Updated: Jul 9, 2020
Customers experience a considerable amount of stress when they get an audit notification letter from Oracle, which is considered one the industry’s most aggressive when it comes to compliance. This discussion will cover what’s involved in an Oracle audit, and how you can make the best of it when Oracle comes knocking. Step one: As soon as you get a notification letter, locate your Oracle License and Software Agreement (OLSA), a.k.a. the contract, which you would have received with each Oracle product purchase. Check the audit clause in the contract(s), which spells out exactly what you’re legally responsible for, and when: “Upon 45 days written notice, Oracle may audit the use of your programs. You agree to cooperate with Oracle's audit and provide reasonable assistance and access to information. You agree to pay within 30 days of written notification any fees applicable to your use of the programs in excess of your license rights. If you do not pay, Oracle can end your technical support, licenses and/or this agreement. You agree that Oracle shall not be responsible for any of your costs incurred in cooperating with the audit.” Ideally, you already have an ongoing method to track your licensing information, relevant machine specs and virtualization solution data. If not, it’s time to do so because the clock is ticking. Inform all appropriate internal contacts about the audit and designate an individual to be the main point of contact with the Oracle Licensed Managed Service (LMS) consultant who will conduct the actual audit. Your internal group will include the systems admin, IT manager or specialist, and an Oracle Database Admin, if you have one. This team should prepare to conduct an inventory of all your Oracle specific product installs, in all environments, including outside data centers. They will want to gather machine specifications of all systems and devices with Oracle installed. For example, it’s important to know the exact number of physical processors, associated core count, threads, the virtualization solution, and which version, in all settings. Step two: Hold the kick-off call with Oracle, the LMS and your team. Be as cooperative and friendly as possible to ensure a mutually beneficial environment for the audit to progress. This advice cannot be overstated; it will pay dividends down the road. The kick-off is a meet and greet call to introduce the players, discuss the scope of the audit and provide a forum for questions and answers about the process. Oracle will provide an overview of what types of data they need and review the audit timeline. They will say the audit will span eight weeks, but realistically, you should expect it to take from three to seven months. The audit will experience delays for a variety of reasons, such as vacations, sick time, inadequate staffing for data collection on your side, or aligning data generated from the scripts with the customer inventory reports, verification of customer statements and report generation on the auditor’s side. Step three: This is the data collection part of the audit, which takes the most time. Oracle will provide an Oracle Server Worksheet (OSW) which you complete and return to the LMS consultant. You will provide all the deployment information you’ve gathered, as thoroughly as possible. This exchange is followed by a series of back-and-forths to clarify any confusion, correct mistakes and keep everyone on the same page. Next, Oracle will supply their proprietary scripts for you to run on your systems. (These scripts make some customers worry about security. As a former professional Oracle auditor, I can assure you that these scripts have been thoroughly tested and in no way gather any sensitive company data: they only gather Oracle-related information and machine specs are very secure.) The scripts are used to verify the information you provided in the OSW, to ensure everything matches. They take only 2-10 minutes to run. The LMS will follow up to resolve any discrepancies. Step four: Once your OSW data and the Oracle scripts are aligned, the LMS will present its compliance findings for your confirmation in a Deployment Report and a Reconciliation Report. This gives you the chance to review the findings before the formal audit report is drafted. The biggest area of findings in most audits is virtualization. The vast majority of Oracle customers use VMware as their server virtualization software, so I will focus this product. VMware usage is a big revenue generator in Oracle audits because many customers fail to understand the complexity of achieving Oracle compliance policy regarding virtual environments, which is found in Oracle’s Partitioning Document. Oracle consider VMware a “soft partitioning” method according to its official documents, and, “soft partitioning is not permitted as a means to determine or limit the number of software licenses required for any given server or cluster of servers.” In other words, soft partitioning equals noncompliance, and therefore, virtualization with VMware —depending on the version in use — can have a huge impact on an Oracle audit. We urge clients check if the virtualization policy is stipulated clearly in the OLSA contract; if not, this could provide you with leverage to mitigate some of the findings. Other examples of soft partitioning applications include Solaris 9 Resource Containers, Nutanix, HP Process Resource Manager, and AIX workload Manager. Even Oracle’s own virtualization product, OVM, is considered soft partitioning unless it’s configured as Oracle trusted partitions for Oracle engineered systems and includes Oracle Enterprise Manager! “Hard partitioning” methods are considered viable partitioning methods by the vendor, and examples include IBM LPAR and Solaris Zones in capped Solaris containers. Step five: It’s now time for the audit resolution and reconciliation process. Again, you must remain non-confrontational here to achieve the best outcome, so be positive and friendly even if you have to fake it. You can (and should) challenge the findings and double-check the math, but cooperation is your best weapon if you want Oracle to be forgiving and flexible. For example, you might inform the vendor that you need to delay payment beyond the standard 30 days; if the relationship has been adversarial this will not be acceptable. And if you’re very difficult, the sales rep may find ways to punish you down the road, by denying discounts or manufacturing past usage on some of the software.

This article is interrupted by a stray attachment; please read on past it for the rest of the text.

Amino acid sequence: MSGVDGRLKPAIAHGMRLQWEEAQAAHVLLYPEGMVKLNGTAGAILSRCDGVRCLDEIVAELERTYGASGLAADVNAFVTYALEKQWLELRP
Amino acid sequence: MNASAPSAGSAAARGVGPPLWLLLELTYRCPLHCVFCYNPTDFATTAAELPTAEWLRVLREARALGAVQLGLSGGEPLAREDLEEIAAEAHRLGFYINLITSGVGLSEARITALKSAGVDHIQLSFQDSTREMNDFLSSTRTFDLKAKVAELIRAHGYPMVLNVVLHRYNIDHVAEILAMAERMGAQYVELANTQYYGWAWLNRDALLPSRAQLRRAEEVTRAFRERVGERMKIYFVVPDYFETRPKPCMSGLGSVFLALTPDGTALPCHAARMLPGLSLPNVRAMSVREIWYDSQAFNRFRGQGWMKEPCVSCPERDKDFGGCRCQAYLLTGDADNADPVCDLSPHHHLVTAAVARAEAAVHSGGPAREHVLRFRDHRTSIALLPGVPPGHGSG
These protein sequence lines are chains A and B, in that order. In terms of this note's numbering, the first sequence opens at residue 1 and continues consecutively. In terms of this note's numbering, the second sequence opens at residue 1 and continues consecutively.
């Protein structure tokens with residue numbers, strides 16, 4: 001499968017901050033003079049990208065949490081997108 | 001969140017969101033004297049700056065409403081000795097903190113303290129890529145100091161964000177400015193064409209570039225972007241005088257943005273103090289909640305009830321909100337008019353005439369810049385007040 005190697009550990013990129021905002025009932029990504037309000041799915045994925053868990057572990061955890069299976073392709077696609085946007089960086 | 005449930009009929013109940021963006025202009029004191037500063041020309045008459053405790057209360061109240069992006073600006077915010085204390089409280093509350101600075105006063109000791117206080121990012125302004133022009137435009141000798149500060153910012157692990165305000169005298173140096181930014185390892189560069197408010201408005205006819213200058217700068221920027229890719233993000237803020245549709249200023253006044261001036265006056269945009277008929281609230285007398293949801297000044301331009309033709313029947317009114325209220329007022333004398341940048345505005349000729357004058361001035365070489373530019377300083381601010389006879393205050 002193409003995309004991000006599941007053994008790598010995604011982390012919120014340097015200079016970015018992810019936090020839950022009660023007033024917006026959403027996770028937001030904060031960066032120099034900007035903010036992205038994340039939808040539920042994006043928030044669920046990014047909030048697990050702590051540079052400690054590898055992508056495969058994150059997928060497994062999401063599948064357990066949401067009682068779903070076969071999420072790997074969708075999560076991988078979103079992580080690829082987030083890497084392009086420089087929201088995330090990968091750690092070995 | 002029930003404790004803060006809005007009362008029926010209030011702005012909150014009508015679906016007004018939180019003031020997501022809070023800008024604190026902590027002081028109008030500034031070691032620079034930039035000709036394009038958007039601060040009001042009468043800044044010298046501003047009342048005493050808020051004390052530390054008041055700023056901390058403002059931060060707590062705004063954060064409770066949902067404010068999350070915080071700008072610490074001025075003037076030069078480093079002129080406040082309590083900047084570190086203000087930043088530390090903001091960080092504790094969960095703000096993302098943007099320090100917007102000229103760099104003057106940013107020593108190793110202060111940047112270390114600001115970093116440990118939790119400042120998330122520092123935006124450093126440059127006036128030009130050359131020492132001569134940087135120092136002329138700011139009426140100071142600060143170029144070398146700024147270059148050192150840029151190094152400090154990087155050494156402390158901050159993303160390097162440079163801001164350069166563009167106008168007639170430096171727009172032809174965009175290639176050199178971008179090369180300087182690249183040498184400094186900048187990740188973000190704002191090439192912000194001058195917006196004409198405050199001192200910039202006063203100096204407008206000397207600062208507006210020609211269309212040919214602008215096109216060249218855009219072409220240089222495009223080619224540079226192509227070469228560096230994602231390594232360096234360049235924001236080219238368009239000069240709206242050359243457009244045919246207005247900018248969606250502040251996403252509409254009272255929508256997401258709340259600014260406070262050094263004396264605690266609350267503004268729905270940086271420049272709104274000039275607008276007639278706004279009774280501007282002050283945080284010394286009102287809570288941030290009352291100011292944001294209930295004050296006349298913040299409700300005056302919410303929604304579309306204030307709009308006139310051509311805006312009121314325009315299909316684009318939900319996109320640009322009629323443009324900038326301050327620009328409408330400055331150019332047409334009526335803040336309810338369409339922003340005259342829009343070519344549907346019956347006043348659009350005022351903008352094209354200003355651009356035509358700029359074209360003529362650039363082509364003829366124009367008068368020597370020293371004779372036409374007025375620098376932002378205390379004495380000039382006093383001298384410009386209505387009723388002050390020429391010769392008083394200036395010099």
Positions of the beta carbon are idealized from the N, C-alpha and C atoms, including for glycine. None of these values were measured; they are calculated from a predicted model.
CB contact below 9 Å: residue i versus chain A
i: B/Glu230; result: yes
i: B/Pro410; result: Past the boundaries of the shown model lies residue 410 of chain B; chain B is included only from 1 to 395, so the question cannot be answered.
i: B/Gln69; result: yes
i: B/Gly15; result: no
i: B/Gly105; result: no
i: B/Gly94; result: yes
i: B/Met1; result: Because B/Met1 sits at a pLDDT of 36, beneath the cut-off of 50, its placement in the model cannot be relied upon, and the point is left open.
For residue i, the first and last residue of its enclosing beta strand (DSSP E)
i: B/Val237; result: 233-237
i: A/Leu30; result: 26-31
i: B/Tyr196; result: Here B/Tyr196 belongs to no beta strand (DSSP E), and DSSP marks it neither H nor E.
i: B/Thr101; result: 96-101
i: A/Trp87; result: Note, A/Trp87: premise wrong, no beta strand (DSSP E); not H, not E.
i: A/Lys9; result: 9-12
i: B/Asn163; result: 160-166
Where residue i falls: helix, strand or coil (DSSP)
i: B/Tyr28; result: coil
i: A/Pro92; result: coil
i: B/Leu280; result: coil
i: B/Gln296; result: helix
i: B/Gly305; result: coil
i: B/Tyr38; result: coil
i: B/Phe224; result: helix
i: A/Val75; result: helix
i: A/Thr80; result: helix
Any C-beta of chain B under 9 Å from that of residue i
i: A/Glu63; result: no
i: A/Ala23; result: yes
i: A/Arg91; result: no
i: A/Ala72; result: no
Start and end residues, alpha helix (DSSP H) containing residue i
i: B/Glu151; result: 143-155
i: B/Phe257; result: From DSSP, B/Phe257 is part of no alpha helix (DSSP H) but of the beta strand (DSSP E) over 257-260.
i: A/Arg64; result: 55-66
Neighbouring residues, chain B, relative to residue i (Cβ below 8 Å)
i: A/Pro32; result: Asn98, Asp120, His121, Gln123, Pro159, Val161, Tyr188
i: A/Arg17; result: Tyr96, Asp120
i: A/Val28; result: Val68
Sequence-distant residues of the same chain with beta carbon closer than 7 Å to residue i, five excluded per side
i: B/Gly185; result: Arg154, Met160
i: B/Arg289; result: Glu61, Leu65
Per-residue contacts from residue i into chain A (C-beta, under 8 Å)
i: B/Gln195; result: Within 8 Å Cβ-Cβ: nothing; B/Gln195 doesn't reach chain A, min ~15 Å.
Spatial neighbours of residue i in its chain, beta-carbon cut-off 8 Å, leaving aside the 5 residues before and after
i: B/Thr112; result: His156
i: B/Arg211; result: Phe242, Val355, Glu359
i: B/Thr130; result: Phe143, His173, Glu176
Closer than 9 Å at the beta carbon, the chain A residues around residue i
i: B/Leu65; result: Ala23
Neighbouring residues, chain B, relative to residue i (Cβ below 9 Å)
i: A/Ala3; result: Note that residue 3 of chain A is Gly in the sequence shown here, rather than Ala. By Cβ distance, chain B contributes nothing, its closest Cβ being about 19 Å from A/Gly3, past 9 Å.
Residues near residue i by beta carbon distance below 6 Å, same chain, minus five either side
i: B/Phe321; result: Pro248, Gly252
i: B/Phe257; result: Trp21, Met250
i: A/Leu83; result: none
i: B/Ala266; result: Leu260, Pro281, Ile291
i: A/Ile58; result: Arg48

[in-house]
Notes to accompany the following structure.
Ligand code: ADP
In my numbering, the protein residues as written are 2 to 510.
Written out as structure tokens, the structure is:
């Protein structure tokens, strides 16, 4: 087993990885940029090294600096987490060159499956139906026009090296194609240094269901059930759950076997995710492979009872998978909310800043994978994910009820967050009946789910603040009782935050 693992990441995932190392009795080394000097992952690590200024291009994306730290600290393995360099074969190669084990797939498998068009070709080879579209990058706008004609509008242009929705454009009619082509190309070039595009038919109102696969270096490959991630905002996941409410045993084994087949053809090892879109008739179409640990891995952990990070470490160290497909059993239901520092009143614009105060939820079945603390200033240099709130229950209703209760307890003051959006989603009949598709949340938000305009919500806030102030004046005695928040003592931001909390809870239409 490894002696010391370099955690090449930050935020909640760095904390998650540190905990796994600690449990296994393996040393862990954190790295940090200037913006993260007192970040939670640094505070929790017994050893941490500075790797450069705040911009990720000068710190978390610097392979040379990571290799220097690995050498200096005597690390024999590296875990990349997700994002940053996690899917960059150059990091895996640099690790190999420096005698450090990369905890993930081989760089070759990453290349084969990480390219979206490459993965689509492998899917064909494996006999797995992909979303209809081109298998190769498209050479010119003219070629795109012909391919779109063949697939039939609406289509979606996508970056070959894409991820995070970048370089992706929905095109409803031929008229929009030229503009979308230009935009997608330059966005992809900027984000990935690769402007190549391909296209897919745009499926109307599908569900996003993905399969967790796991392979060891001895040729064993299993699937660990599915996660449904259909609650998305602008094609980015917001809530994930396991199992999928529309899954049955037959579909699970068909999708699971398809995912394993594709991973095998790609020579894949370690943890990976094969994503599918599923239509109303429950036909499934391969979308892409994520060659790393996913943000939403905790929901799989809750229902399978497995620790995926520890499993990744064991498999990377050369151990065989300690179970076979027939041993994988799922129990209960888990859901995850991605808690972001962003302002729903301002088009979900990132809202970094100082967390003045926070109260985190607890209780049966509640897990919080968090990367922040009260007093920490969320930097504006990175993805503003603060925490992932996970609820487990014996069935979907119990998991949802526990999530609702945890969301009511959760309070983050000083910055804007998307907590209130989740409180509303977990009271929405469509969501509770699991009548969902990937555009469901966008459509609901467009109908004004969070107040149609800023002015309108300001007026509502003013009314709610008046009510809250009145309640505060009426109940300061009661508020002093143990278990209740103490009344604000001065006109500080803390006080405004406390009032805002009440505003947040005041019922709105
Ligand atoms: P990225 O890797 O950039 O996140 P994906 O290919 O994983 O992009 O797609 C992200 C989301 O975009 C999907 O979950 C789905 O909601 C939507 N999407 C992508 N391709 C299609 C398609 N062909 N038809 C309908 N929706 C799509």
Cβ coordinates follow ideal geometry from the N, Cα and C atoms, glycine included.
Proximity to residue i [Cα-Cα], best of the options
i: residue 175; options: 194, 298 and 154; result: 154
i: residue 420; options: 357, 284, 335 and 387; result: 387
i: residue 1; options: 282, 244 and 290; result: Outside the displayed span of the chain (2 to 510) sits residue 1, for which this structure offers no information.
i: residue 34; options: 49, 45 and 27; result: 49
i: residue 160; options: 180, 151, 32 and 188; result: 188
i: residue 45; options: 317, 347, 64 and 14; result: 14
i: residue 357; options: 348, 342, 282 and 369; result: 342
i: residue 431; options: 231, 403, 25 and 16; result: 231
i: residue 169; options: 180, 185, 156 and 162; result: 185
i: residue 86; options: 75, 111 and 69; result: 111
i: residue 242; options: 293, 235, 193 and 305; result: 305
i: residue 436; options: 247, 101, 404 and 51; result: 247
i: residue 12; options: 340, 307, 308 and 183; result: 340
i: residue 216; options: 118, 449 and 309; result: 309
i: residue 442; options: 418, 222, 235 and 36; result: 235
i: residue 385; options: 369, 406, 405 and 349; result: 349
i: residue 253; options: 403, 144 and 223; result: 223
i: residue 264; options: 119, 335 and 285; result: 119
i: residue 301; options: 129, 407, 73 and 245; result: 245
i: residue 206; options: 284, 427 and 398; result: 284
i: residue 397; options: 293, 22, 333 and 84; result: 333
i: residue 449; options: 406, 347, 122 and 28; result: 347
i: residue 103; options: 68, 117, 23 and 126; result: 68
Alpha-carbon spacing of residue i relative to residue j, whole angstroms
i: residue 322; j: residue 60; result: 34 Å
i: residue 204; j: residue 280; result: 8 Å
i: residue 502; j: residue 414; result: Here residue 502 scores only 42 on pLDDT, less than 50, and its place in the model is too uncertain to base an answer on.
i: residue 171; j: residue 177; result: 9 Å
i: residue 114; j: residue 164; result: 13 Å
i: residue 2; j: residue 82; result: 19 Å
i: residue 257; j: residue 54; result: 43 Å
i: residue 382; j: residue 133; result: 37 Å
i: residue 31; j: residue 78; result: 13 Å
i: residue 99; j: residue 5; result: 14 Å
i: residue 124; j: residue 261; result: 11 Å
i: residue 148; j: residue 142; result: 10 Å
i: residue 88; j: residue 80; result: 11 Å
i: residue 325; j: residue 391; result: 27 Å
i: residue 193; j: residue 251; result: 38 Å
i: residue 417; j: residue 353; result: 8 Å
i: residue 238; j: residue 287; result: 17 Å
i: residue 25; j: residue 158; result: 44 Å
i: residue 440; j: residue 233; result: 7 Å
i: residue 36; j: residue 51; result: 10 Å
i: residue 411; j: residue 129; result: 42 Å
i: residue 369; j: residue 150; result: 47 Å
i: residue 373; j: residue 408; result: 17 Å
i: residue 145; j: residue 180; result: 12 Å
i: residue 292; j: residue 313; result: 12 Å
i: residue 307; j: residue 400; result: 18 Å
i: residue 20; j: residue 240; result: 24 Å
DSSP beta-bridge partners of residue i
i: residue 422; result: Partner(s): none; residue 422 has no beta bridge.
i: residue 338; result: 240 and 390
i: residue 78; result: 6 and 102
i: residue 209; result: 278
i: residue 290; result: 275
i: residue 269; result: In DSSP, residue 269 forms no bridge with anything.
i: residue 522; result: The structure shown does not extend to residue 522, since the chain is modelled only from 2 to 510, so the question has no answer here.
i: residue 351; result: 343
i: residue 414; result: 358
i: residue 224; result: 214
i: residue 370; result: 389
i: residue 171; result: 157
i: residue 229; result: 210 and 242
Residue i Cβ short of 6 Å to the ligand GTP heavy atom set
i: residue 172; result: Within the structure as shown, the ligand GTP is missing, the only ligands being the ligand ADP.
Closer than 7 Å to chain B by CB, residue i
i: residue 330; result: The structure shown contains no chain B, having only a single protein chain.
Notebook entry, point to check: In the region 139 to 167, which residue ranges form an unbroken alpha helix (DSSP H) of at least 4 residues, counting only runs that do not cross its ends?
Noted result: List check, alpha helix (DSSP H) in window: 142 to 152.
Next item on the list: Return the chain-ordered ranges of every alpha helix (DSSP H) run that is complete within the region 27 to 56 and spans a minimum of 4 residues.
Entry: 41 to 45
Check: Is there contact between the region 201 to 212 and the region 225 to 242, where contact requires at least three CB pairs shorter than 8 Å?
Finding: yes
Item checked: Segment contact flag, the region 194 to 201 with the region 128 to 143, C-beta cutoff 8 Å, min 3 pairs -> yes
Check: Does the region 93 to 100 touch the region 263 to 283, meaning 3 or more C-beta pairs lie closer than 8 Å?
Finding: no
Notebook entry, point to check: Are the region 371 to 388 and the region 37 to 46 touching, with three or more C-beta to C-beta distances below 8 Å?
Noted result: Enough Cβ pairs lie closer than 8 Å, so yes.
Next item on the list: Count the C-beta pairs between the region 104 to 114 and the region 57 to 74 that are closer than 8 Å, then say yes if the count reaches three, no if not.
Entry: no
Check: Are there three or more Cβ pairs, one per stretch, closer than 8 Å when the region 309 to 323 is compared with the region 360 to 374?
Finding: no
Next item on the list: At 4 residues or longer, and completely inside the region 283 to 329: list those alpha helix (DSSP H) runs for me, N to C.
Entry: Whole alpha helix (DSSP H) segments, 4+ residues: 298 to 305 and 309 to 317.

Begin with the Virtualization Segmentation Option. This is offered by the LMS and allows you to reconfigure the virtualization environment to be compliant.
Make an Oracle product purchase to leverage an existing audit deficit if possible. For example, an Oracle cloud purchase can sometimes make up for the compliance discrepancies or shortfalls, as long as sales approves it with LMS, and the price of the cloud purchase will be in excess of the audit findings.
Create a Certification Letter of Non-use, in which you promise to discontinue future use of certain Oracle products. The LMS will determine whether or not to waive past (noncompliant) use in light of this letter.
And finally, in worst-case-scenarios, there are two risky tactics: some customers threaten to change suppliers or threaten to go to court and dispute the findings, fines and penalties, in hopes that the legal costs would dissuade Oracle from pursuing the matter. These tactics are very rarely viable or successful.
To review, it’s always best to keep a professional and positive attitude with your Oracle sales rep and LMS before, during and after an audit. And if you carefully gather and prepare the information I discussed earlier, remain responsive, and take advantage of the negotiation tactics that apply to your situation, the result will be a quicker, less painful audit with lower compliance costs. For more information on this subject, please view our webinar here, read our blog titled Top Findings in an Oracle Software Audit, or contact a member of our Compliance team.
Moe De Luca joined the ClearEdge Compliance Practice after six years as a senior license consultant at Oracle, where he led numerous customer audits.